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The Firstfruits and the Harvest (14:1-20)

The two parts of this chapter (vv. 1-5 and 6-20) are unified by the fact that firstfruits (14:4) imply a harvest (14:15-16). In the Hebrew Bible every firstborn, human or animal, belonged to the Lord (Ex 13:2), so the "firstfruits," or initial yield of every crop, were set aside as a sacrificial offering (for example, Lev 2:9-14; Neh 10:35-37). God's portion of the harvest was given to God up front, as it were. In the New Testament, "firstfruits" is used as a metaphor for something given in advance, anticipating a greater benefit or "harvest" to come. This can be the resurrection of Jesus anticipating the resurrection of believers (1 Cor 15:23), the Spirit as a gift from God pointing to future resurrection (Rom 8:23), the first converts in a particular region holding out the promise of more converts to come (Rom 16:5; 1 Cor 16:15) or reborn Christians offering hope for the rebirth of God's creation (Jas 1:18).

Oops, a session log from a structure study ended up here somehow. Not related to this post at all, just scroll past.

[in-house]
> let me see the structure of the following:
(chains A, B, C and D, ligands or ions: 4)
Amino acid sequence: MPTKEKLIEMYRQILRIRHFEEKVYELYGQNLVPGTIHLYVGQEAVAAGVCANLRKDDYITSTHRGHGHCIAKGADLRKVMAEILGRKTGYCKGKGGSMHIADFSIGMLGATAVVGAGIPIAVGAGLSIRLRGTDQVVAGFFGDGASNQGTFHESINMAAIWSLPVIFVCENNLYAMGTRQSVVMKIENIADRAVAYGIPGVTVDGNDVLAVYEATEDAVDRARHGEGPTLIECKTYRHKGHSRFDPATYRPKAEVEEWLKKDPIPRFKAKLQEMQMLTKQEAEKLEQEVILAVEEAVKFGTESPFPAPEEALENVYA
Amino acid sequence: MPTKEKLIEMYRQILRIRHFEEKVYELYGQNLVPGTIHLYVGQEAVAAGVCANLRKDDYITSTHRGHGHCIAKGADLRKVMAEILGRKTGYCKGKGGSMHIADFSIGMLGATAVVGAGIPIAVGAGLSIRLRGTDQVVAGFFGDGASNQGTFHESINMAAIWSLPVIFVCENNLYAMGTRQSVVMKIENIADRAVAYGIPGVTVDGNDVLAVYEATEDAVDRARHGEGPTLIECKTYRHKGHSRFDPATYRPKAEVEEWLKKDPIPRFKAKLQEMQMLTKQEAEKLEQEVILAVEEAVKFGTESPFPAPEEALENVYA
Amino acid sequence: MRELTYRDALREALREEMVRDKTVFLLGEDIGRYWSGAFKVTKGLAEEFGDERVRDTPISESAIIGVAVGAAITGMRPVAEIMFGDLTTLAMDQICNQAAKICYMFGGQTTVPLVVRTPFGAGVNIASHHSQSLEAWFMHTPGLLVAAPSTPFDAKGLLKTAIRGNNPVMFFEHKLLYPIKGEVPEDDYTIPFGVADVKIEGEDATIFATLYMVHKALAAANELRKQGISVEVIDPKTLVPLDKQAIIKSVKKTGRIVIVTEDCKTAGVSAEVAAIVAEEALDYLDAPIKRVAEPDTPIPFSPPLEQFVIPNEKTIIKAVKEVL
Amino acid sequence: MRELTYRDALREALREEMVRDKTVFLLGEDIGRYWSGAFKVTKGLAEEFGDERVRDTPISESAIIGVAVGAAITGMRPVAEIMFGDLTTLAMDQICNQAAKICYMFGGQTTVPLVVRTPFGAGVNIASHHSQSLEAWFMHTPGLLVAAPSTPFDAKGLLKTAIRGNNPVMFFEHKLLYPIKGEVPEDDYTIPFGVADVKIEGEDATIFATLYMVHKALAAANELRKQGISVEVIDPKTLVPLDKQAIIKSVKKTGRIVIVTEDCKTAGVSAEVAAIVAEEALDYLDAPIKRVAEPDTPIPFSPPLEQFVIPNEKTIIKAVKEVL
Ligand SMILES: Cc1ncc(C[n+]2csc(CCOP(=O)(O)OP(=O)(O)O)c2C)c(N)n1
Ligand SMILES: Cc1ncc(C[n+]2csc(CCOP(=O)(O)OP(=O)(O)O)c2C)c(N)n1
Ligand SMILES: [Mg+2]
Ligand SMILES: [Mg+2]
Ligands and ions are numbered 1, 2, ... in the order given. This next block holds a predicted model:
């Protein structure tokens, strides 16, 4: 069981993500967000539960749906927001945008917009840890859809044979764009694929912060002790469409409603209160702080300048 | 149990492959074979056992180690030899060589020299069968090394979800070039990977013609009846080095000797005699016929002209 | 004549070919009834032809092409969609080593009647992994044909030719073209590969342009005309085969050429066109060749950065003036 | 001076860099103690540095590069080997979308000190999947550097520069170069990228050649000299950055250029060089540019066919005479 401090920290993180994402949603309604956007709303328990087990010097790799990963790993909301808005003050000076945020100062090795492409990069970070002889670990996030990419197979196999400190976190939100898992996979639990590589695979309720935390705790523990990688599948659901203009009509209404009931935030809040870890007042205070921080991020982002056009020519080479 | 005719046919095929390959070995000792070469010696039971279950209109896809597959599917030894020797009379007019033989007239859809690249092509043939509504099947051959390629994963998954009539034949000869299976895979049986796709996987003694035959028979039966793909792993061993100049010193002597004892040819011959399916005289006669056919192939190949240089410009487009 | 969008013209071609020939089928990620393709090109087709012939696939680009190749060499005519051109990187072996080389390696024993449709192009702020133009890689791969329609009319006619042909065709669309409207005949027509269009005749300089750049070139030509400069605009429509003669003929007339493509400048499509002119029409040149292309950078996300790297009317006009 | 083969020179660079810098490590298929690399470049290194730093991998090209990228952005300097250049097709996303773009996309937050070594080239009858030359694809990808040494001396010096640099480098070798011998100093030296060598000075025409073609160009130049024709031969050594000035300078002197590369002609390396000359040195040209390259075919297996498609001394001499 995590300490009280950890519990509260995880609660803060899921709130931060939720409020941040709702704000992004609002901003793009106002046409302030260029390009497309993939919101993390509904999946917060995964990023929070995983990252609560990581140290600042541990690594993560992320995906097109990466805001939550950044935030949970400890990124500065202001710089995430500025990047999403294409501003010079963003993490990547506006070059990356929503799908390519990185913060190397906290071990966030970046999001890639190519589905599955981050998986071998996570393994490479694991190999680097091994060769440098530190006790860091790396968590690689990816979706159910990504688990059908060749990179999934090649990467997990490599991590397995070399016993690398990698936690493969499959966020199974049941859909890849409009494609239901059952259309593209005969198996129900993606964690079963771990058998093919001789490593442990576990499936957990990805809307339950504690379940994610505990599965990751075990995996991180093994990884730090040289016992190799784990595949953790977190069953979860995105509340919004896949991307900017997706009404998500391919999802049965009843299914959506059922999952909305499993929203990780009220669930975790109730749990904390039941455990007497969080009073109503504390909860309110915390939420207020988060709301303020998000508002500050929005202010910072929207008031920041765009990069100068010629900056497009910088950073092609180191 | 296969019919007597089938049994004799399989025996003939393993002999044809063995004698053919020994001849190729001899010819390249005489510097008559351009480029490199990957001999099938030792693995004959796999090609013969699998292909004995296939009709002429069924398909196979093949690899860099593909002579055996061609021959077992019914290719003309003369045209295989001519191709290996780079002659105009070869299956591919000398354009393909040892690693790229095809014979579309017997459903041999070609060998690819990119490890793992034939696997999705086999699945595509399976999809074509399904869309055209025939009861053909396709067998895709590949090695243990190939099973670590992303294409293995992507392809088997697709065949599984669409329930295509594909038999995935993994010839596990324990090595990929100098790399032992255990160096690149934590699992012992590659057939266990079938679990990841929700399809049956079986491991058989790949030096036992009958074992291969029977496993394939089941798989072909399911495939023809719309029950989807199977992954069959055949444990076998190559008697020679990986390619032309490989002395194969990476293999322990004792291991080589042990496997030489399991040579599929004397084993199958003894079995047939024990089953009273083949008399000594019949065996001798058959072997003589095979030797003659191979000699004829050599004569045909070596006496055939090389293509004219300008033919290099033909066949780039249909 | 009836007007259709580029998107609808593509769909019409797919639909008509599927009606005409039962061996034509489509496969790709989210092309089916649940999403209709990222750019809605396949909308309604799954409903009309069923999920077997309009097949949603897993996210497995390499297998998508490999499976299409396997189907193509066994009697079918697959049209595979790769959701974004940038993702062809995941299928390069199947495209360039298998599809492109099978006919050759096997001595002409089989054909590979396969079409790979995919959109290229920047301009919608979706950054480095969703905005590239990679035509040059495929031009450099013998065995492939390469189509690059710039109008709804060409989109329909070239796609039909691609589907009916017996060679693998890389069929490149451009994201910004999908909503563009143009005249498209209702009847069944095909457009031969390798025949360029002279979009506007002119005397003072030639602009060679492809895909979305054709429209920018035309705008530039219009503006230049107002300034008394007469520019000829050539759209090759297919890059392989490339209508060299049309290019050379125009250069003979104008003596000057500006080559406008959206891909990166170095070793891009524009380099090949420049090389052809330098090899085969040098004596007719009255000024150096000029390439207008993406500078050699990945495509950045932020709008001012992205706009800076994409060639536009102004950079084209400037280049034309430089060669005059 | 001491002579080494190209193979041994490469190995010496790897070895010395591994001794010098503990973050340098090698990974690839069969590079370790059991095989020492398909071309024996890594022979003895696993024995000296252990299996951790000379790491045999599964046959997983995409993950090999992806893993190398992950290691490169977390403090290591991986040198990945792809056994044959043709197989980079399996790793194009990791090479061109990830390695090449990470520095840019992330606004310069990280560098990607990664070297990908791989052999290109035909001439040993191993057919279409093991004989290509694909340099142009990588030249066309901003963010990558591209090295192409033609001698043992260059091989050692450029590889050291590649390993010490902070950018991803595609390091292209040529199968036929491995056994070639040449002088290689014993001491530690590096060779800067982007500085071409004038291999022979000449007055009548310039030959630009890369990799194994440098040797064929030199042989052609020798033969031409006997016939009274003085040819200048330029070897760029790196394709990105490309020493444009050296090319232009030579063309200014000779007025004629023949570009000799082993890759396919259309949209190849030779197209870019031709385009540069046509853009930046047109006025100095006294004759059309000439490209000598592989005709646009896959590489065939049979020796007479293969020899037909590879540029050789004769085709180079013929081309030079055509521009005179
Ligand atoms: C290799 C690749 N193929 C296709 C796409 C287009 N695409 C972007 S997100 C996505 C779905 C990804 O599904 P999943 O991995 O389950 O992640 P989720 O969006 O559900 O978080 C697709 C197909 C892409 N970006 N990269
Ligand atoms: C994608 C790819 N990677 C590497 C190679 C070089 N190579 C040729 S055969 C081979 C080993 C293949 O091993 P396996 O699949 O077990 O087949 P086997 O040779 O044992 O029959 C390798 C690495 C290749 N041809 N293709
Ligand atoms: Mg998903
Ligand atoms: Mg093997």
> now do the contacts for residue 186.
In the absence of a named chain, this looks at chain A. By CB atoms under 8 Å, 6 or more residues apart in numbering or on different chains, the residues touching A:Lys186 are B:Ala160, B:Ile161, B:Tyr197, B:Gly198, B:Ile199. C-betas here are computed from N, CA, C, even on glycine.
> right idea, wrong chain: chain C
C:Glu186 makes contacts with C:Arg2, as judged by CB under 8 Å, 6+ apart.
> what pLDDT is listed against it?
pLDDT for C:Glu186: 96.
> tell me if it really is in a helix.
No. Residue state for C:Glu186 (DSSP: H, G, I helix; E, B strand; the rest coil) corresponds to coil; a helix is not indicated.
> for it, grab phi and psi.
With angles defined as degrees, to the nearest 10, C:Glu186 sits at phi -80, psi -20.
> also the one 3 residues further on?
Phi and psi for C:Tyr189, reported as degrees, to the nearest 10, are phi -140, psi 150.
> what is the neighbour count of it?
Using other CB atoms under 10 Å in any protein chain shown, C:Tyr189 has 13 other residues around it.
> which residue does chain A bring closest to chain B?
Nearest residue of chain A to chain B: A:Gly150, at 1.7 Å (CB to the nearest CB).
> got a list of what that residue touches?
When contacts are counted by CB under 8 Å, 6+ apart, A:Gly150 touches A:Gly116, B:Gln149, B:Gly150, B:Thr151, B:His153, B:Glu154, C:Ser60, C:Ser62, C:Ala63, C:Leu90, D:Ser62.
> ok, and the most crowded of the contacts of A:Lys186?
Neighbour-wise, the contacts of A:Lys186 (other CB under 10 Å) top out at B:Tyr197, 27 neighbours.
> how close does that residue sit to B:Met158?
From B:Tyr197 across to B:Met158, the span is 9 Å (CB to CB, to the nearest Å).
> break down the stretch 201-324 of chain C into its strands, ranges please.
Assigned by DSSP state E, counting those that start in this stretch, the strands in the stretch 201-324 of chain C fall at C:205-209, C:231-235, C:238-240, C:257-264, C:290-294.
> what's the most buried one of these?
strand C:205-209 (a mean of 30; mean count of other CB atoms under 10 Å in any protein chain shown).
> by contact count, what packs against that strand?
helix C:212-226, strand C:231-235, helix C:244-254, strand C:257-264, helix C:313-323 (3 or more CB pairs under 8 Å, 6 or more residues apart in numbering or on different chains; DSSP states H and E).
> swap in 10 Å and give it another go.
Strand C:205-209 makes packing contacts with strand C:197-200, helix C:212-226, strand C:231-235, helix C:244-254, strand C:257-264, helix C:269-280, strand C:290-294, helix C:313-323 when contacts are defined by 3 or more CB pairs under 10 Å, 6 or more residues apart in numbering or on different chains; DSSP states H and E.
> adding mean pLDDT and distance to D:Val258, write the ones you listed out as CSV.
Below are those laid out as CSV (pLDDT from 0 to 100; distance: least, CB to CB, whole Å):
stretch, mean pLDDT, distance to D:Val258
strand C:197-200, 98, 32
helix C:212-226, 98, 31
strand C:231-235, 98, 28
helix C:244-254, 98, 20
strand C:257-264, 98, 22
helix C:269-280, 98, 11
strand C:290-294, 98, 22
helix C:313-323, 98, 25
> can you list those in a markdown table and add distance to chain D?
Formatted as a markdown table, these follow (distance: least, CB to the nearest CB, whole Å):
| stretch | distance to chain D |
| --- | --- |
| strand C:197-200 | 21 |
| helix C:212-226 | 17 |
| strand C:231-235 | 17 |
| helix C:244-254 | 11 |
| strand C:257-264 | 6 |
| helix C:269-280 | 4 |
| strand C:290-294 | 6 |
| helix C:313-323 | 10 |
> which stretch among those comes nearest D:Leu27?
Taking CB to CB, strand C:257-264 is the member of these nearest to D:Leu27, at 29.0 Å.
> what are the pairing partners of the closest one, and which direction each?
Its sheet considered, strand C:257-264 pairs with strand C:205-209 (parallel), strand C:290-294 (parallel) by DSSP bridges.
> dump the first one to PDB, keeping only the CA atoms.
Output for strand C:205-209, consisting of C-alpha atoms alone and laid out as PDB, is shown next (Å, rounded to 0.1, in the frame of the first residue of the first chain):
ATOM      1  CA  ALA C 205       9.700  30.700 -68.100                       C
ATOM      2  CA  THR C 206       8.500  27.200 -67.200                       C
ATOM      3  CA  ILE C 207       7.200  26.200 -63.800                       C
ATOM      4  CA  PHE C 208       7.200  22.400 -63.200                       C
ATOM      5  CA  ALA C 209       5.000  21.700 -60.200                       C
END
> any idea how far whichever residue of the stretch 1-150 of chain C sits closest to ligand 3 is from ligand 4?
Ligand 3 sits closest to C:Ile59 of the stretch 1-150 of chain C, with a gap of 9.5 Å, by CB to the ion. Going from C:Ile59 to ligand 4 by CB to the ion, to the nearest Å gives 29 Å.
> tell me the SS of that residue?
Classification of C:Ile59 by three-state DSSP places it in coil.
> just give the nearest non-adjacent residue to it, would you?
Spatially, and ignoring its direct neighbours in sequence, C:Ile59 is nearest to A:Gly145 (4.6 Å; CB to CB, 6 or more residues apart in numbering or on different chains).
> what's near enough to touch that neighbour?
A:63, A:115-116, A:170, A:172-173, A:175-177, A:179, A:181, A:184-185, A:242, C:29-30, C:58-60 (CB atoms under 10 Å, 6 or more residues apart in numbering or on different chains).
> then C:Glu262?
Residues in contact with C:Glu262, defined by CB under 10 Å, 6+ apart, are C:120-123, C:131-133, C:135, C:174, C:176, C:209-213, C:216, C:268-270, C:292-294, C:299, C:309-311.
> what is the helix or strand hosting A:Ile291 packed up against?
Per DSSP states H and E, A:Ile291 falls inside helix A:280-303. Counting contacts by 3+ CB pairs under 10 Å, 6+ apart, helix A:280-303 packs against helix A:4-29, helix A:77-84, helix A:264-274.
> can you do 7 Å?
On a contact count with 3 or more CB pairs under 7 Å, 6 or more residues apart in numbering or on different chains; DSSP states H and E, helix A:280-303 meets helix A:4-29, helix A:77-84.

Our passage is unique within the New Testament in that the 144,000 as sacrificial "firstfruits" anticipate a "harvest" seen not as blessing or salvation, but as judgment, a harvest rather like John the Baptist's, in which the Harvester was to "clear his threshing floor" and "gather the wheat into his barn," but "burn up the chaff with unquenchable fire" (Lk 3:17). John's glimpse of the 144,000 on Mount Zion is but a brief respite between the wrath of the beasts against them in the preceding chapter and the wrath of God on their behalf in the harvest that follows.

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